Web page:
Three Ways to Build Credit Without Taking on Any Debt

Myths and misconceptions abound when it comes to the subject of credit. Perhaps one of the biggest misconceptions about credit is the notion that you have to take on a lot of debt to earn and maintain great credit scores. In reality, the opposite is true.

Your credit score is not your debt score, as some would suggest. Your debt load accounts for roughly one-third of your FICO and VantageScore credit scores, and carrying debt means you’re going to forgo most of those points.

So if you’re looking for a way to build or rebuild your credit scores without taking on a penny of debt, you don’t have to look very far.

Option #1: Credit Cards

I’m sure you’re thinking, “This guy is crazy–credit cards aren’t debt-free!” Hear me out. We all know credit cards are often vilified as the source of many people’s financial problems. However, there’s a serious flaw in this line of thinking.

Remember, you can have a credit card account without carrying any debt on it. Credit card debt is certainly a bad idea, one that can cost you a lot of money and damage your credit scores. But credit cards themselves are simply tools to buy stuff. As a credit card user, you decide whether you’ll use those tools in a manner that works for you… or against you.

There’s only one extension of credit out there where debt, interest, and fees are all optional. It’s not mortgages, not auto loans, not student loans… and those are debts that are commonly considered to be “good” debts. But the credit card is the only extension of credit where you don’t have to pay fees (there are numerous fee-free cards), interest (if you pay your balance in full each month, then your interest rate becomes meaningless), or debt (if you charge only what you were going to buy anyway and pay it off promptly, then it’s not debt, it’s normal spending).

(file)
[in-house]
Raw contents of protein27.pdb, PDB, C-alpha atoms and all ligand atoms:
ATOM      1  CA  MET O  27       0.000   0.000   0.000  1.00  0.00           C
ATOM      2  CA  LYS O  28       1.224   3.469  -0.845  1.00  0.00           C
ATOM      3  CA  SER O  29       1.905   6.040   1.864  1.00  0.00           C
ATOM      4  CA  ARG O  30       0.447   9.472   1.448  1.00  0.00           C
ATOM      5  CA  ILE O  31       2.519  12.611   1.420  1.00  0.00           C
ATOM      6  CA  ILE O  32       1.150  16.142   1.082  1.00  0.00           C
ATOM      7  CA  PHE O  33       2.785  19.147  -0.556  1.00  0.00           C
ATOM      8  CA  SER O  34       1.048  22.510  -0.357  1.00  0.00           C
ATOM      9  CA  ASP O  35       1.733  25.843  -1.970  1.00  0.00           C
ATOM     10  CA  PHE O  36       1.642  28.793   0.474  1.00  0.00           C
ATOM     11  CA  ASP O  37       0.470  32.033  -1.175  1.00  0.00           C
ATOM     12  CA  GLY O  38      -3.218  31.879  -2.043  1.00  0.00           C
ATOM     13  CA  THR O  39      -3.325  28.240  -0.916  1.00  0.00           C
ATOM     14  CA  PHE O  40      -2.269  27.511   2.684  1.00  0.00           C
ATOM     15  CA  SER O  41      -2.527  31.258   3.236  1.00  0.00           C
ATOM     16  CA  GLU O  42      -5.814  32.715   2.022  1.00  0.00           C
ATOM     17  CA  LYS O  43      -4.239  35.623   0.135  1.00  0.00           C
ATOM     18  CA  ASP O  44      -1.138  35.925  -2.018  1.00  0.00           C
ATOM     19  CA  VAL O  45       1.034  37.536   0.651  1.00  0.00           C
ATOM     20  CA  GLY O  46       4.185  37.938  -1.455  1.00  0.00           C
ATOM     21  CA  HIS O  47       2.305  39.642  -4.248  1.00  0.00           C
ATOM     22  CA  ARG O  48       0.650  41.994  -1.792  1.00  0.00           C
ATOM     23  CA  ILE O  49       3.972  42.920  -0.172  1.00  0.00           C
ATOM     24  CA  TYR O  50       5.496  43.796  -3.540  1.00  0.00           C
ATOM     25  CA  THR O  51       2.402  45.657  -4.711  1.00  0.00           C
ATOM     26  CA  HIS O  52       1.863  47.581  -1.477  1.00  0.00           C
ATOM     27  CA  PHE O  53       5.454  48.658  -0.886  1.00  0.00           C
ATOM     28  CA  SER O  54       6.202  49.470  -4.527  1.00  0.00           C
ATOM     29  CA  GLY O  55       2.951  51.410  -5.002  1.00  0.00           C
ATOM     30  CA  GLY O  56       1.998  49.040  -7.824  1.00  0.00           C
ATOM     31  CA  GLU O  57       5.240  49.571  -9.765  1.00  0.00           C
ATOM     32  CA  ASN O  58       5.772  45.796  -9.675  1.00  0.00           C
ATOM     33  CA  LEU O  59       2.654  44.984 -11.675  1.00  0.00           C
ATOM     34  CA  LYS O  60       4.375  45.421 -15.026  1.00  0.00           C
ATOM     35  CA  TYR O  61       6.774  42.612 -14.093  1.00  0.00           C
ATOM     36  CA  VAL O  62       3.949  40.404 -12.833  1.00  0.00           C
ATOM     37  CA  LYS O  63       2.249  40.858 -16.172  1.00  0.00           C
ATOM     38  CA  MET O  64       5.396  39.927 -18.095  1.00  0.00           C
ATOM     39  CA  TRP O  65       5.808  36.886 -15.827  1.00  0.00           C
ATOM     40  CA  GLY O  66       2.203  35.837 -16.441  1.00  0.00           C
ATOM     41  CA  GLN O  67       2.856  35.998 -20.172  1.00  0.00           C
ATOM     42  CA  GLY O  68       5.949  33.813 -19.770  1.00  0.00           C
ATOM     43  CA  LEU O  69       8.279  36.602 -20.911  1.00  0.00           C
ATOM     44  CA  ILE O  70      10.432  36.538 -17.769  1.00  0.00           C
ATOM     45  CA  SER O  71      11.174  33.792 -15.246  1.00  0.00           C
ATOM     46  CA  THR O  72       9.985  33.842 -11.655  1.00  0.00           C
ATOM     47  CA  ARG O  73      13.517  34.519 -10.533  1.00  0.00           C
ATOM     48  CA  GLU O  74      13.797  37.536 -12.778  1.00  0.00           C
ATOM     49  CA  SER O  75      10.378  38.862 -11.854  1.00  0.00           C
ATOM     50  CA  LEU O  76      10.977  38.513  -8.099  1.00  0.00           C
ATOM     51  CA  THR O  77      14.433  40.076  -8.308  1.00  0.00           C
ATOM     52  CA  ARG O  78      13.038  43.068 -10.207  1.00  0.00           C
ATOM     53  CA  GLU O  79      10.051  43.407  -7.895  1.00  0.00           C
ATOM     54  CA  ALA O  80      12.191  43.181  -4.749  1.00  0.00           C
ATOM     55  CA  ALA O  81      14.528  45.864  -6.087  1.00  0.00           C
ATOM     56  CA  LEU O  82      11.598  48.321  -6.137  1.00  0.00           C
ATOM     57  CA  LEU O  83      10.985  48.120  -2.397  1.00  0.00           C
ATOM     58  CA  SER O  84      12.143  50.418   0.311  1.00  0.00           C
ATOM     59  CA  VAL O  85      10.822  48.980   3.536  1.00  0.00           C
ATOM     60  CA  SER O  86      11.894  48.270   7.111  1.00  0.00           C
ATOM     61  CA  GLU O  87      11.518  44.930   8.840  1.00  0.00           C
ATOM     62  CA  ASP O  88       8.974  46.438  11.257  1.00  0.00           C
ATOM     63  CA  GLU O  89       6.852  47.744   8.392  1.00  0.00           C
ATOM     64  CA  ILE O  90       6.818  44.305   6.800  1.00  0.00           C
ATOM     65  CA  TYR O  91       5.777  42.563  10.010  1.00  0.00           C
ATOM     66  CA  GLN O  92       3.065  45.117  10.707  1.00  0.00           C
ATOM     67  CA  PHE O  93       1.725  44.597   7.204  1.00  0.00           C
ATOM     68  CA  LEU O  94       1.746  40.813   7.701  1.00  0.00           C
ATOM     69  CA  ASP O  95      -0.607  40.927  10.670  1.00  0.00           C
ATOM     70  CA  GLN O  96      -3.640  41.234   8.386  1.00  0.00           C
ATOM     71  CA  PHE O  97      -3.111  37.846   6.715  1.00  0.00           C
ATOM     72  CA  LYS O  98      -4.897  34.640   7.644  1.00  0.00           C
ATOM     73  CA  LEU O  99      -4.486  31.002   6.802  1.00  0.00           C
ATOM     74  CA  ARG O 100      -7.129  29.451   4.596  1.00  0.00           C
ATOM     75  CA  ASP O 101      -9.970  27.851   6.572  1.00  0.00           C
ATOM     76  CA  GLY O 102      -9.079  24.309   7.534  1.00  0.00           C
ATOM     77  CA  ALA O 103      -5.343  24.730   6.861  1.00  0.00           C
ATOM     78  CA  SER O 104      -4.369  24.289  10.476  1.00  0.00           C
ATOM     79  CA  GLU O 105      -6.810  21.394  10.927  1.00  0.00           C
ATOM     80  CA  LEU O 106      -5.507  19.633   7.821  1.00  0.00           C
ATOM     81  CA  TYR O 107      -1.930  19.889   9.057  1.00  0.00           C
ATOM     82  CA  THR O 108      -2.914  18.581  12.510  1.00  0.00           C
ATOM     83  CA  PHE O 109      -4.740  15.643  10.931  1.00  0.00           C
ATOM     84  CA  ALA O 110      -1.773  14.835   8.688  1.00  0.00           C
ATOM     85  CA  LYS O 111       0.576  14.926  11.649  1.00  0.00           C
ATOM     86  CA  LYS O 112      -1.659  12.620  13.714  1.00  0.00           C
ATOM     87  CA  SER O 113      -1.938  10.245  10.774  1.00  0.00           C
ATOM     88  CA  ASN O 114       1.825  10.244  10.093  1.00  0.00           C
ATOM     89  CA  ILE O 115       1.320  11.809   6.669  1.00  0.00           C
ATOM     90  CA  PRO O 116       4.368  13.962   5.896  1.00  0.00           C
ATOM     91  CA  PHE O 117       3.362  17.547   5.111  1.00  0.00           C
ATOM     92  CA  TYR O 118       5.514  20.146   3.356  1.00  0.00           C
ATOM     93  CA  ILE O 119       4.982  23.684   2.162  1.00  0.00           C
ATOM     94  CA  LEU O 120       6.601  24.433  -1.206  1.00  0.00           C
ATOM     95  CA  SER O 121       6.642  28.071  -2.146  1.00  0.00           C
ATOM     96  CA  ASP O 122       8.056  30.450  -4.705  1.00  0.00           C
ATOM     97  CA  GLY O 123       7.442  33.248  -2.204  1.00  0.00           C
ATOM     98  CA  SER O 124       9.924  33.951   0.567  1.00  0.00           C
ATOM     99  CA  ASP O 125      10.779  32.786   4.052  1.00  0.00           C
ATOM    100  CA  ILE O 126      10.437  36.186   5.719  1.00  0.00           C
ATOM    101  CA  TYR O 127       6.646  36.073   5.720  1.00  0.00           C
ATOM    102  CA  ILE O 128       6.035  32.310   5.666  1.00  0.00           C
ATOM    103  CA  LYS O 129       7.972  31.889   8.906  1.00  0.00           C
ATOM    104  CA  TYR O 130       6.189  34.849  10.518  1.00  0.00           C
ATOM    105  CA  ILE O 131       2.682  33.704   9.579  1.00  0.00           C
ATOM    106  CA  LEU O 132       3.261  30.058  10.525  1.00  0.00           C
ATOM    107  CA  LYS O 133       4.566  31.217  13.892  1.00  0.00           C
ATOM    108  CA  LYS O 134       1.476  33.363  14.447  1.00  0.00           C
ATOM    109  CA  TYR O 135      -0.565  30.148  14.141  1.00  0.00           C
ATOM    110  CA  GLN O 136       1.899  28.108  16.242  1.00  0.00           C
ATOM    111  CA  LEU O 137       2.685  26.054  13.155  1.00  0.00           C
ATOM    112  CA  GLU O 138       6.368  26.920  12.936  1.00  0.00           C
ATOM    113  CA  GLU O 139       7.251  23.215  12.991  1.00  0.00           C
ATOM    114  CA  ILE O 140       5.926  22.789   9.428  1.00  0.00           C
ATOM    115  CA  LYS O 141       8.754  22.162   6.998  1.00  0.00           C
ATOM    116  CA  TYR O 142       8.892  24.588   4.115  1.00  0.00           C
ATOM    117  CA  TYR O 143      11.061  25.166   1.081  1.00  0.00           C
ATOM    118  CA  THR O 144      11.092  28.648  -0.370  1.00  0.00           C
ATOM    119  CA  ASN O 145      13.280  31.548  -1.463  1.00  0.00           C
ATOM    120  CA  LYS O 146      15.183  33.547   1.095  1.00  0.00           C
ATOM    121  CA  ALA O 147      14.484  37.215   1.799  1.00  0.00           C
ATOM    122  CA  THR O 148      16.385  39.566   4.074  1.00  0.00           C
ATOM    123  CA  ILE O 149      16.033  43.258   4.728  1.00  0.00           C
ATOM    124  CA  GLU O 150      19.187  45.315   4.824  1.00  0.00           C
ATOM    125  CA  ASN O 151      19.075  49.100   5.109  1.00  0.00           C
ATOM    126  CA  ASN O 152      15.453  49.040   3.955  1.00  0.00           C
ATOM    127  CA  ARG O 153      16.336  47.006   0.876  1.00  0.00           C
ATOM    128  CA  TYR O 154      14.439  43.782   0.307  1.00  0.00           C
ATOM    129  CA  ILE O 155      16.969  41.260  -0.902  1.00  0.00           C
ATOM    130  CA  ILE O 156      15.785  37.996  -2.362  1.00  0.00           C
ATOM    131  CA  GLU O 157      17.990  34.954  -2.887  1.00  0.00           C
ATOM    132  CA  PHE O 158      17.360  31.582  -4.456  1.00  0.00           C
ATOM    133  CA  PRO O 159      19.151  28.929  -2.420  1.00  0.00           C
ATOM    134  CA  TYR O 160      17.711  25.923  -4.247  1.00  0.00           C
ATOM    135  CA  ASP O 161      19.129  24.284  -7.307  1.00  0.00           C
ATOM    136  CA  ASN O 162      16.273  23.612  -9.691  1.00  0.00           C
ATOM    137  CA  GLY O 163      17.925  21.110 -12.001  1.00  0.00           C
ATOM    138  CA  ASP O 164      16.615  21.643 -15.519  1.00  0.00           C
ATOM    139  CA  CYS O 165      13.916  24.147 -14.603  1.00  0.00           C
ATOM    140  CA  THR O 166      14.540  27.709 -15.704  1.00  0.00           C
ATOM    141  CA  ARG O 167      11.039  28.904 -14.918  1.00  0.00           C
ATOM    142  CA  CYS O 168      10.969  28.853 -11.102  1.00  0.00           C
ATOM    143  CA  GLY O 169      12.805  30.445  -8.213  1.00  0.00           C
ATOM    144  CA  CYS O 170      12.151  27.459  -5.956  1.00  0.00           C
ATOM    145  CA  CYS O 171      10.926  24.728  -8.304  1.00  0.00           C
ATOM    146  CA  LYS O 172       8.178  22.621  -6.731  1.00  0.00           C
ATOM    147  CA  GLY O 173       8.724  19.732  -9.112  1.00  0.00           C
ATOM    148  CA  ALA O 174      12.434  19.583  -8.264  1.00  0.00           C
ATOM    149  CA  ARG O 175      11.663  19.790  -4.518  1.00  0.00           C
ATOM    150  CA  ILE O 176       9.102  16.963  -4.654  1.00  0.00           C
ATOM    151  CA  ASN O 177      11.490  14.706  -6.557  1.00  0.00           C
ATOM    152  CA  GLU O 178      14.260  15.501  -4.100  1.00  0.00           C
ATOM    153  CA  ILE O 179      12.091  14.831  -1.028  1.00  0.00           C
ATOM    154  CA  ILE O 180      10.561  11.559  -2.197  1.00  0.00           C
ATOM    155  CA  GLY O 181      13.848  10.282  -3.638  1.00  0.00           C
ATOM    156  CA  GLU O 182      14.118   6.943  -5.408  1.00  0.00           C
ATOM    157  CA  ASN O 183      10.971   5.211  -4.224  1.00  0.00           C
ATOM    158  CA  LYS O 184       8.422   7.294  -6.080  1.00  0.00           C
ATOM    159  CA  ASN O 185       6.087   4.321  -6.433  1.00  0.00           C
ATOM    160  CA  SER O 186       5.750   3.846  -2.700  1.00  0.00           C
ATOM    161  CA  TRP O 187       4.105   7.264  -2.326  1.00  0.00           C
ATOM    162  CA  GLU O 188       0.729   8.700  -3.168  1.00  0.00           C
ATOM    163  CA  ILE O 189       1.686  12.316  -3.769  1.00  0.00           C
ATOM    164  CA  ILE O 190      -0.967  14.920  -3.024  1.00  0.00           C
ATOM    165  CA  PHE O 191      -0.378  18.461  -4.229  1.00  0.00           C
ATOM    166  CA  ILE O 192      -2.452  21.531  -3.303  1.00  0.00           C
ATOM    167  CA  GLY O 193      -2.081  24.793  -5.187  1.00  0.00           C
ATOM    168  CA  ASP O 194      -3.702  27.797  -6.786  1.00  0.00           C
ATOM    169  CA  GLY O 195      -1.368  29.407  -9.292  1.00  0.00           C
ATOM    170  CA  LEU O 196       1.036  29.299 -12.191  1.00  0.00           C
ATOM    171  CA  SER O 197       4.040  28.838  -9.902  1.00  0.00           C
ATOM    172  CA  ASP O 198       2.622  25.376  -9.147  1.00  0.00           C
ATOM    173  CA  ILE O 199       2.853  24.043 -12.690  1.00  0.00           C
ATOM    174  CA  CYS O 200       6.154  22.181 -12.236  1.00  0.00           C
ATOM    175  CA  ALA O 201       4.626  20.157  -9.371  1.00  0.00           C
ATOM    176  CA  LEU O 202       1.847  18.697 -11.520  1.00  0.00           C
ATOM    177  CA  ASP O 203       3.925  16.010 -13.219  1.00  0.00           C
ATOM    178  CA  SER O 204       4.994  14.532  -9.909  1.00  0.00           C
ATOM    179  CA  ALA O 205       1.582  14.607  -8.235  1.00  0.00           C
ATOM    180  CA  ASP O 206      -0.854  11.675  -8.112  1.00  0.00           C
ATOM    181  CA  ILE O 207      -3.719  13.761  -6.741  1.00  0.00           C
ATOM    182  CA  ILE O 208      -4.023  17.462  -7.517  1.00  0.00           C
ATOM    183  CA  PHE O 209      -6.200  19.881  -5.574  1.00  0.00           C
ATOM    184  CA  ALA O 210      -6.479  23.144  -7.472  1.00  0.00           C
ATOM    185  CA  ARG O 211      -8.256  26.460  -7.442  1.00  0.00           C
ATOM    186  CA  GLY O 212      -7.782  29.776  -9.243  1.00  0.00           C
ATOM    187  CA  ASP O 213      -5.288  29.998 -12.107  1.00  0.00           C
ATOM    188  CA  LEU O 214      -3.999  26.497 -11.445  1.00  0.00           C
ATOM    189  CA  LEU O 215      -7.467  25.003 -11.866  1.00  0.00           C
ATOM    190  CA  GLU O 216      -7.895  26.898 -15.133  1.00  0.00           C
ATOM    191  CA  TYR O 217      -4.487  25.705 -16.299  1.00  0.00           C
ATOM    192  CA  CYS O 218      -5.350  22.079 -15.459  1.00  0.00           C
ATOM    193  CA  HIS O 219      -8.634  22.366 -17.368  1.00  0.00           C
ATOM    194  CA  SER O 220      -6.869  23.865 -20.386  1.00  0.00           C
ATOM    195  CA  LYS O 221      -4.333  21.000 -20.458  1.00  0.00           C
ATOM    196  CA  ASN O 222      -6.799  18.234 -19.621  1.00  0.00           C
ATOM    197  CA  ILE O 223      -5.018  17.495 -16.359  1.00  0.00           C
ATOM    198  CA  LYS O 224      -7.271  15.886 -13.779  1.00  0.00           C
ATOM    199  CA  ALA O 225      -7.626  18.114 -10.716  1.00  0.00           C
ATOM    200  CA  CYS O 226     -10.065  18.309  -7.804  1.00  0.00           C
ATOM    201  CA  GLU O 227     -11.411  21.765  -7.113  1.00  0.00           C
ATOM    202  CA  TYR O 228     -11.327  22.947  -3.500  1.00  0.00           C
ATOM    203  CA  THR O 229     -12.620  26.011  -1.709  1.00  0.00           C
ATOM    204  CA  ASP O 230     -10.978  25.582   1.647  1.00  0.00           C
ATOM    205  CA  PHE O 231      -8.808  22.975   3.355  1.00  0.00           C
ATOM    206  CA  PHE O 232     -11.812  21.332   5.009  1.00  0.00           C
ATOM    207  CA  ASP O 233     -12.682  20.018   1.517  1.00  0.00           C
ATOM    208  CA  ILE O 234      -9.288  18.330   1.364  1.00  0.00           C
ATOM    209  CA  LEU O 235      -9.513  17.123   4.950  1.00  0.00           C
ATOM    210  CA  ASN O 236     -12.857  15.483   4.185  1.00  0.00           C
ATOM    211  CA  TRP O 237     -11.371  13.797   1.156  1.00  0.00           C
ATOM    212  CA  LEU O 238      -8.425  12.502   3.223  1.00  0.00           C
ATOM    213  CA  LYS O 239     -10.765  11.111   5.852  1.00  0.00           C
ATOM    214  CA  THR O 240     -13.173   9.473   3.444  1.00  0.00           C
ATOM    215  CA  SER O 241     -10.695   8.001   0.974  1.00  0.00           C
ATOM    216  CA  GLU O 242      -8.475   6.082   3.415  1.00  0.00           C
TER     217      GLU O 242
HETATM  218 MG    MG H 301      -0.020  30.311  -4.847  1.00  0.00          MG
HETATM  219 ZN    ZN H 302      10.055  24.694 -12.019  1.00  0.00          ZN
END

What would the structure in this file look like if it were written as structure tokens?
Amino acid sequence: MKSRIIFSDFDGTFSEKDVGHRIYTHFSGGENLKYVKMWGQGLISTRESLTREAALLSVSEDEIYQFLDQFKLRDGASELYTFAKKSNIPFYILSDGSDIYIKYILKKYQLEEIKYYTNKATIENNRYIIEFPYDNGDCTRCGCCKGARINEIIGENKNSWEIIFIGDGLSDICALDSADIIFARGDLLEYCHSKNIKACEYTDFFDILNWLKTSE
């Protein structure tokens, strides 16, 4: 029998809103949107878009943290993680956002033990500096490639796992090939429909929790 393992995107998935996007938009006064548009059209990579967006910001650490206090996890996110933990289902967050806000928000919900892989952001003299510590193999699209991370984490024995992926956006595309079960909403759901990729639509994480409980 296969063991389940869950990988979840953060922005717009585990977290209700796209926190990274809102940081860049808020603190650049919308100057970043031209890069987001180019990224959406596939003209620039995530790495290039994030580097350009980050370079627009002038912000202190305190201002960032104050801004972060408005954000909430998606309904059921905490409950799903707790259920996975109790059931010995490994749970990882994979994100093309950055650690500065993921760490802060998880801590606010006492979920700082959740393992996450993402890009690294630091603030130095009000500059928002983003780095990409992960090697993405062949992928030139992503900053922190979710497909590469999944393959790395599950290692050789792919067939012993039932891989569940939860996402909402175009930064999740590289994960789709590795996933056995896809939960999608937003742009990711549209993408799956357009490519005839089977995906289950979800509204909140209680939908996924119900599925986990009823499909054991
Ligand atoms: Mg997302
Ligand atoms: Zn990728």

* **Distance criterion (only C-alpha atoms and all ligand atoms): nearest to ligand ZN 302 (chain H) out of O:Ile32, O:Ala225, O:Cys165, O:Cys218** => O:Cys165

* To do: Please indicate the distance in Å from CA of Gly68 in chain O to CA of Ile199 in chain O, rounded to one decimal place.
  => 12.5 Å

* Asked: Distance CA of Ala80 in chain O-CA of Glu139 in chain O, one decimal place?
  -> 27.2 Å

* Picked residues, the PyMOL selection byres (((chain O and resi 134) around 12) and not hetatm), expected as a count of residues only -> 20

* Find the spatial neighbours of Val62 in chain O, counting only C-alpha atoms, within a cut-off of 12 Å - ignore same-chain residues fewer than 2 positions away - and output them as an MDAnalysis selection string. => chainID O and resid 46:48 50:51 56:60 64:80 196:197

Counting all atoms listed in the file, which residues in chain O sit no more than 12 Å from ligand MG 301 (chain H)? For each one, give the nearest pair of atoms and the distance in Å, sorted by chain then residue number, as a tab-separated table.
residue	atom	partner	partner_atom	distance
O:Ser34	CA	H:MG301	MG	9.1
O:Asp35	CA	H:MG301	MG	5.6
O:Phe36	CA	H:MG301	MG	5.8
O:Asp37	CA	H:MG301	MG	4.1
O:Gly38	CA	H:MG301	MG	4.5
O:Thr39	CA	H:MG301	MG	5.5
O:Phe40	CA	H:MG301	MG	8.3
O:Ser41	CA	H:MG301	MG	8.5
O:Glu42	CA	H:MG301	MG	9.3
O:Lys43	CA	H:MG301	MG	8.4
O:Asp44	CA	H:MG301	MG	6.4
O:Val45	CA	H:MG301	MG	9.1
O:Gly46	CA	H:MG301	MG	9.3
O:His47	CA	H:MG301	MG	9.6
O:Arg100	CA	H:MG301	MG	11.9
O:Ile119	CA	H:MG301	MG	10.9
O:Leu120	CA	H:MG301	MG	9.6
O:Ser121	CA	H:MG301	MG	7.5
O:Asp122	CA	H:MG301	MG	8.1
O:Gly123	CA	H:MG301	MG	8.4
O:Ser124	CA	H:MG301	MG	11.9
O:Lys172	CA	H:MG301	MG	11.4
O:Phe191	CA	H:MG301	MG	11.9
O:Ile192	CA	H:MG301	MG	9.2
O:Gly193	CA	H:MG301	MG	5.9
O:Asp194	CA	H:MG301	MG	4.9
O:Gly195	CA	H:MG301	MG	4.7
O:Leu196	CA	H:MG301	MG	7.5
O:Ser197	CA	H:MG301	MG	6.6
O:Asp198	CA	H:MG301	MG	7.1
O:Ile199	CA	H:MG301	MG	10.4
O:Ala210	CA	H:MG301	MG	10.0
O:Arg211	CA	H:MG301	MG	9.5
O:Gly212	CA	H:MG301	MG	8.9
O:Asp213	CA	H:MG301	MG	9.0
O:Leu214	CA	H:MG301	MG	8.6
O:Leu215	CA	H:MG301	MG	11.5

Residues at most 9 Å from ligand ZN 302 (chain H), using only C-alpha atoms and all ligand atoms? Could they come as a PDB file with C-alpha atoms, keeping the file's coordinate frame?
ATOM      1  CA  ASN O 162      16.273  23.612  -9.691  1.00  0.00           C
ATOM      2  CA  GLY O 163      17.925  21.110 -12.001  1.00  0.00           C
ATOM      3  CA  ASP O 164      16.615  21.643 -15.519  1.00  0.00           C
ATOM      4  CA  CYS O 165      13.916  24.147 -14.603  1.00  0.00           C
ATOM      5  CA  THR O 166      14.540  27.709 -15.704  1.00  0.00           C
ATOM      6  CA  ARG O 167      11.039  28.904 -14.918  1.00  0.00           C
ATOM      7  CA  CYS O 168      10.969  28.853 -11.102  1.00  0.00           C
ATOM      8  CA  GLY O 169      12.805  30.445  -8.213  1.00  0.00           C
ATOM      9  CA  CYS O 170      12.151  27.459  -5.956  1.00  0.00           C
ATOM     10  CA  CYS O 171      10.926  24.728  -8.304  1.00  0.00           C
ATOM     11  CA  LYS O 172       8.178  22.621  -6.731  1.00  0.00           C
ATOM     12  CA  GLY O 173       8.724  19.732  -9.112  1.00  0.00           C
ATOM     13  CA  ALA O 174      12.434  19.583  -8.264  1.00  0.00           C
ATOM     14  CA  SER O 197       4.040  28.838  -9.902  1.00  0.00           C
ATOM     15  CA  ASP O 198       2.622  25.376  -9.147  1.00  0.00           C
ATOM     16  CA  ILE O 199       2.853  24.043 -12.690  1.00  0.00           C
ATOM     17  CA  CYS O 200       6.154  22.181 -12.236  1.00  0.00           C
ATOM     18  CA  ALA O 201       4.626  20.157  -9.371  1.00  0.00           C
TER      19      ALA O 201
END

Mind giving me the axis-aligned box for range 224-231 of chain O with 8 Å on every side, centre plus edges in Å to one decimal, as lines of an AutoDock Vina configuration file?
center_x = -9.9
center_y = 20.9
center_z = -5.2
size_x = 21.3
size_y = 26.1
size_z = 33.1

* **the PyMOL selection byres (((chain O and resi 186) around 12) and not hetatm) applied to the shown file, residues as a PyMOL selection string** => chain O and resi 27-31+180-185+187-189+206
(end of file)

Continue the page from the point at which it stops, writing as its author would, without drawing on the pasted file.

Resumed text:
Option #2: The HELOC

If you own a home or other property, you may have what’s called “equity.” Equity is the value of the home or property that you own outright relative to the portion owned by the bank. So, for example, if you have a house that’s worth $500,000 and you only owe $350,000 to the bank, then you have $150,000 of equity.

You can borrow against some of the equity in your home, either through a home equity loan or a home equity line of credit, or HELOC. And while a home equity loan will put you into debt with monthly payments, a HELOC is kind of like a credit card. It’s a line of credit that sits there waiting for you to tap. If you never tap it, then you won’t ever have any debt or a monthly payment. Most HELOCs do have annual fees, but they’re very low — typically less than $100 a year.

Having an existing HELOC gives you a fantastic security blanket in case you need access to a lot of money very quickly. Just be aware that your HELOC is secured by your home, and you likely had to pledge your home as collateral. That means if you default on a HELOC, the bank can take your home. The solution? Don’t default.

Option #3: Try Having Utilities or Rent Added to Your Credit Reports

This is a long shot, but it can work. Hopefully you pay your utilities or rent on time every month. But unfortunately, even if you do, these payments are probably not helping you to build any credit — at least not without a little work on your end. In most cases, utility and rental accounts only appear on your credit reports if you default on them.

While it doesn’t always work, you can ask your utility companies and your landlord or property management company to report your account history to the three major credit bureaus. Your request might be turned down — but you’ll never know unless you ask.

Additionally, when it comes to your rent, you can also consider enrolling in a rent payment service that works with Experian RentBureau. Doing so might help you get your rent payments added to at least your Experian credit report — offering one more way to build credit without taking on a dollar of debt.

More by John Ulzheimer:

John Ulzheimer is an expert on credit reporting, credit scoring, and identity theft. The author of four books on the subject, Ulzheimer has been featured thousands of times over the past decade in media outlets including the Wall Street Journal, NBC Nightly News, The Los Angeles Times, CNBC, and countless others. With professional experience at both Equifax and FICO, Ulzheimer is the only credit expert who actually comes from the credit industry. He has been an expert witness in over 230 credit related lawsuits and has been qualified to testify in both federal and state courts on the topic of consumer credit.

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